• You need to sound enthusiastic when delivering instruction if you are to maintain the learner’s interest.
  • Speak clearly and vary the tone of your voice throughout each instruction section.

Technology-based training

The majority of your training sessions will involve the participant working on computer-based training systems to simulate the real working environment. You should consider the following:
  • Technology-based training needs to be horizontally and vertically integrated into other core components of the training such as customer service training and problem solving skills training. Combine the so -skills training elements (such as customer service and telephone skills) with the system skills training. This will allow you to fully train the employee by simulating real working situations.
  • The technology-based training needs to be in sync with the natural customer process. For example, if a new customer is calling to enquire about car insurance, he or she will need to be asked basic questions on name, address, age, car make and model, etc. Importantly, the operating system will need to work in the same way and allow the trainee to enter the data in a logical customer process, as opposed to requiring information such as ‘How did you hear about us?, and ‘Who is your current insurance provider?’ These questions can be asked at a later stage, once the information required for the call is obtained.
  • Break the job down into the core skills to build system skills training. For example, using a financial services context, there is no point in teaching a new employee how to process driver and/or car changes to an existing car insurance policy if the trainee does not know the basics of how to provide a new car insurance quote. In this example it is best to show the trainees how to respond to an initial request; how to provide an insurance quote; how to process payment for immediate cover following the quote; how to make amendments to an existing policy; and numerous other logical steps up to and including terminating insurance cover.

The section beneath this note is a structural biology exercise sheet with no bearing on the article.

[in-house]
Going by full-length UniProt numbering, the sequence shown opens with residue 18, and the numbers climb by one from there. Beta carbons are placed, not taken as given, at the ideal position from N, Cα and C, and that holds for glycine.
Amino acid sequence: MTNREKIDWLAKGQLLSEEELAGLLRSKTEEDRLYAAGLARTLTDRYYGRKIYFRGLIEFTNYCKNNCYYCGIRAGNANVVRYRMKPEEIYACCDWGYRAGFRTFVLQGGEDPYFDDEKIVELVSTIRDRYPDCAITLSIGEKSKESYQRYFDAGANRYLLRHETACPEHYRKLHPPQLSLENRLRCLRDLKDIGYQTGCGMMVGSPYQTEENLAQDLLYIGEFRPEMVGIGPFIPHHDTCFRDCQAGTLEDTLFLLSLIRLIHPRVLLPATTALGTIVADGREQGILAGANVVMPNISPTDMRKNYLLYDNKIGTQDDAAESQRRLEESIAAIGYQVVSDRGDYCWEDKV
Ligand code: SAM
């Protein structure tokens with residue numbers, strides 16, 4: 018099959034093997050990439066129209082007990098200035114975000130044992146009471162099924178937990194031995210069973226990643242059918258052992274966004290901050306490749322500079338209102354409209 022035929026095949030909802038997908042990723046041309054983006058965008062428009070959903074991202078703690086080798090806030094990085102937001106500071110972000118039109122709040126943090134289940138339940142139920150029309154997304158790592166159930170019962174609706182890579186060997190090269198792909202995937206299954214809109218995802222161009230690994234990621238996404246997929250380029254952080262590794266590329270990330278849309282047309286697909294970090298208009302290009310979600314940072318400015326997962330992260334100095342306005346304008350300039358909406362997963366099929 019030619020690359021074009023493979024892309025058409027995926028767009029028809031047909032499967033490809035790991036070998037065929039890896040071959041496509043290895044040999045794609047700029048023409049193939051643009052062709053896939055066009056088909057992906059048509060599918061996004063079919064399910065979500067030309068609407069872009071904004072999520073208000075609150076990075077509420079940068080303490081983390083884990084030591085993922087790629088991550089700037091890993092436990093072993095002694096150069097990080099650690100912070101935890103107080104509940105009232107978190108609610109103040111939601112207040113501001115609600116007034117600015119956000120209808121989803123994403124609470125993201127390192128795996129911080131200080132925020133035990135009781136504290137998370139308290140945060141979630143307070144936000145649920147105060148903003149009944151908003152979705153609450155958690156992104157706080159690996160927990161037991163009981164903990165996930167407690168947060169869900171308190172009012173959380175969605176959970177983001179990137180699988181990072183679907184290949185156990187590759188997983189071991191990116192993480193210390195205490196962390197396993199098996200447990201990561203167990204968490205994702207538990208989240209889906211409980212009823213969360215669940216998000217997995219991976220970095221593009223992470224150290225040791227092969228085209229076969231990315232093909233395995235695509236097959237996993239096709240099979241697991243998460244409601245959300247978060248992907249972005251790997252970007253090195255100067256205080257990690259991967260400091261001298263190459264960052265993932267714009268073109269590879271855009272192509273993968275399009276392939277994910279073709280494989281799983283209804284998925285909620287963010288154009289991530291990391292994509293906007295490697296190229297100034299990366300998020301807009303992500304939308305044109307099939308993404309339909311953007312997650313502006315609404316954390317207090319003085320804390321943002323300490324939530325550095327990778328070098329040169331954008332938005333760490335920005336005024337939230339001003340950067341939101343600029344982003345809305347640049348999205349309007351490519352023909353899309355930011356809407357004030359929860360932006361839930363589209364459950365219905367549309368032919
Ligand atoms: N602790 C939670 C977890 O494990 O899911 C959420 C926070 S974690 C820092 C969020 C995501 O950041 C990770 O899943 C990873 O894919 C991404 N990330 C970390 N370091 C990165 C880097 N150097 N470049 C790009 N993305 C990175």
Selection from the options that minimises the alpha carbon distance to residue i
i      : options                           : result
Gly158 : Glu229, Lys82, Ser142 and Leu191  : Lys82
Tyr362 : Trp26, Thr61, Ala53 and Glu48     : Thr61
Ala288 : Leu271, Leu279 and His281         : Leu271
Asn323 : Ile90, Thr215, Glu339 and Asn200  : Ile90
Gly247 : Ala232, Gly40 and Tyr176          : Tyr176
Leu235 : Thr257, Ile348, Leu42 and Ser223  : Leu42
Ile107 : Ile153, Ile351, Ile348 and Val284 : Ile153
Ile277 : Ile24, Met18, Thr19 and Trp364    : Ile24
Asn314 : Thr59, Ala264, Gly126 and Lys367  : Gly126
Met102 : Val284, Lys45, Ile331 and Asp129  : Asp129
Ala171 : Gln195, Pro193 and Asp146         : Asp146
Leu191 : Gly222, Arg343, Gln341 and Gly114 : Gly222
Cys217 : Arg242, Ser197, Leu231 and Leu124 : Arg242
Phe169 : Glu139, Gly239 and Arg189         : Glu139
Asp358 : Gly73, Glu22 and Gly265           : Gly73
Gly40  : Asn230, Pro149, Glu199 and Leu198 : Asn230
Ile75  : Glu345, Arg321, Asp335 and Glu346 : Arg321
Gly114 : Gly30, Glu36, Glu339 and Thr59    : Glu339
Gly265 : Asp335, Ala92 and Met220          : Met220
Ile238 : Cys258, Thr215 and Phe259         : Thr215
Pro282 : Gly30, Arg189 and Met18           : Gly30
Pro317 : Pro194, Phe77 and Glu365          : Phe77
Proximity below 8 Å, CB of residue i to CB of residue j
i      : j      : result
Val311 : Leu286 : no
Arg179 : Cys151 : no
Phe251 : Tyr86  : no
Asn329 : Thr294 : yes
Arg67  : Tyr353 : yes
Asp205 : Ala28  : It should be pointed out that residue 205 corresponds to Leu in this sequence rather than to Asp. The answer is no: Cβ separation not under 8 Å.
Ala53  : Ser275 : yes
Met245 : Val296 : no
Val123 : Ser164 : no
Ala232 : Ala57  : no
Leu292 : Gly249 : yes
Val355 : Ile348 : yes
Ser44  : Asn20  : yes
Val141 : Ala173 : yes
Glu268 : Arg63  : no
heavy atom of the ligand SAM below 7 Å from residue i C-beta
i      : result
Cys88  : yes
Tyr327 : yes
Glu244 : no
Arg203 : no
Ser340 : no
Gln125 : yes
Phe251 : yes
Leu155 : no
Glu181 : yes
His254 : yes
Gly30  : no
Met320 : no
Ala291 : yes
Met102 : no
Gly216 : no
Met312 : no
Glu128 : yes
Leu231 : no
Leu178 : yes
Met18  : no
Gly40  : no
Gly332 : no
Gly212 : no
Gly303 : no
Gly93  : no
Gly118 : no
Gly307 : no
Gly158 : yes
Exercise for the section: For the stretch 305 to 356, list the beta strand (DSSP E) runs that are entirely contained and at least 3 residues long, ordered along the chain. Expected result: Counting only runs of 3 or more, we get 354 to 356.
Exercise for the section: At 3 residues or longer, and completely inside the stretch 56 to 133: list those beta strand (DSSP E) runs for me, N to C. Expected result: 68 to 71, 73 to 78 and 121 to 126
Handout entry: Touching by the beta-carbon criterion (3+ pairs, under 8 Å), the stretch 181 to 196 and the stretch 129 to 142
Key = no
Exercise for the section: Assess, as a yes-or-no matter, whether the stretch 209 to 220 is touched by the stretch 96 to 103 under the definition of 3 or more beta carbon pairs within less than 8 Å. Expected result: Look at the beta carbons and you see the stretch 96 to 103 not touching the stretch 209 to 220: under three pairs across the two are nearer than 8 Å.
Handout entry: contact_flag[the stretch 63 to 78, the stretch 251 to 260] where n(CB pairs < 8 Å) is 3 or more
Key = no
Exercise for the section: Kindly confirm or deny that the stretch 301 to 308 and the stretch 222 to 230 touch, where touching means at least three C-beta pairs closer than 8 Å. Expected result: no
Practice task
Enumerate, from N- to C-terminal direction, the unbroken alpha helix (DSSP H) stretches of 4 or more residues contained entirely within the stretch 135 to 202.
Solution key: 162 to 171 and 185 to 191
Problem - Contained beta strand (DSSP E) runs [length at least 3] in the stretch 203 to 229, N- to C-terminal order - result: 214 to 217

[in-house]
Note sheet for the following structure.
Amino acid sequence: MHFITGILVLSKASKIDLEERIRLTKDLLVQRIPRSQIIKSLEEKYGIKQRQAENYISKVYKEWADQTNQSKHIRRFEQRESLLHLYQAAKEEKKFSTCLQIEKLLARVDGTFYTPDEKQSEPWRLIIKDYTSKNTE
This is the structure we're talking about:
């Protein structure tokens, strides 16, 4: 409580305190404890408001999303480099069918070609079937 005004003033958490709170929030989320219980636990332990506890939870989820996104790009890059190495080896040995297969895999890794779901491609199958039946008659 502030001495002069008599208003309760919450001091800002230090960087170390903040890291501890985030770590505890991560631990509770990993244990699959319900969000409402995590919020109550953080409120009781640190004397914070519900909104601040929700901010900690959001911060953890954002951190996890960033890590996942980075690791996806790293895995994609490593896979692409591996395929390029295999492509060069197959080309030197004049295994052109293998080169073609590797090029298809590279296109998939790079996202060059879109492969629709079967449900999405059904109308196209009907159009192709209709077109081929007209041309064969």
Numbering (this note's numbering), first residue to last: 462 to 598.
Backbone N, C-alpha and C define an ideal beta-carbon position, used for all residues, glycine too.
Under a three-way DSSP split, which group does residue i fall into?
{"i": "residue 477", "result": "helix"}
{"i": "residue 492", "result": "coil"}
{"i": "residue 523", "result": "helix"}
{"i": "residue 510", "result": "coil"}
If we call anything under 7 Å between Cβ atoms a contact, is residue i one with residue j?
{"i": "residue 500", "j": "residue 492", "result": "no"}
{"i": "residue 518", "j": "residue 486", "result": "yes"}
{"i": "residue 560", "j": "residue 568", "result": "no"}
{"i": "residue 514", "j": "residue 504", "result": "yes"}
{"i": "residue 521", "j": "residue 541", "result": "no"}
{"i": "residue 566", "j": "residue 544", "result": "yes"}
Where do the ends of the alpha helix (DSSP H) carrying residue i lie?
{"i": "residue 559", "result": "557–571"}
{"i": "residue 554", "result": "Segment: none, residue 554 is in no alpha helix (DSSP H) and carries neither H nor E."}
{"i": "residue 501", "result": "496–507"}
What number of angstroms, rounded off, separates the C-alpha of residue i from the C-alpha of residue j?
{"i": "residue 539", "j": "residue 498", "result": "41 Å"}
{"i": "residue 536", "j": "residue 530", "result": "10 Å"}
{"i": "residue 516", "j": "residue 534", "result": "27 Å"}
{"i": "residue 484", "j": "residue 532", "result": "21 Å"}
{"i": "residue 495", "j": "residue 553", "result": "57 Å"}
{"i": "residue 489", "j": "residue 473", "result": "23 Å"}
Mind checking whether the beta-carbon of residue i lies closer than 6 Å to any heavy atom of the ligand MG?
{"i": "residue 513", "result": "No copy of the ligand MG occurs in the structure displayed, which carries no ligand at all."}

• Teach participants the logical steps involved in a call, then practise these steps using the phone and the system, during training. The point here is that the trainees will need to be allowed time to practise the technique of talking with customers, while at the same time operating the system. It is likely that the customer will ask questions or make requests that are not typical/logical during the course of a normal call. The trainees will need sufficient experience and knowledge, therefore, to handle these instances. In certain call centre environments there may also be a requirement to inform the customers about mandatory information, eg if your customers apply for a loan or a credit card, the agents will have to inform the customer about mandatory statements that are required from the Financial Regulator. This must also be practised during the training sessions and its position in the call determined.
  • Never use live data for your training sessions. This may be both inappropriate and unethical.
  • This training needs to be practice-based, using real examples. For instance, if you are putting up an insurance quote on the system, it would be best to provide the trainees with some basic details that will be required from real customers such as name, address, age, car make and model, etc and get the trainees to enter the data and provide you with the initial insurance quote. Where possible, and at key stages, the trainees should be required to practise what has been learnt.

Group discussion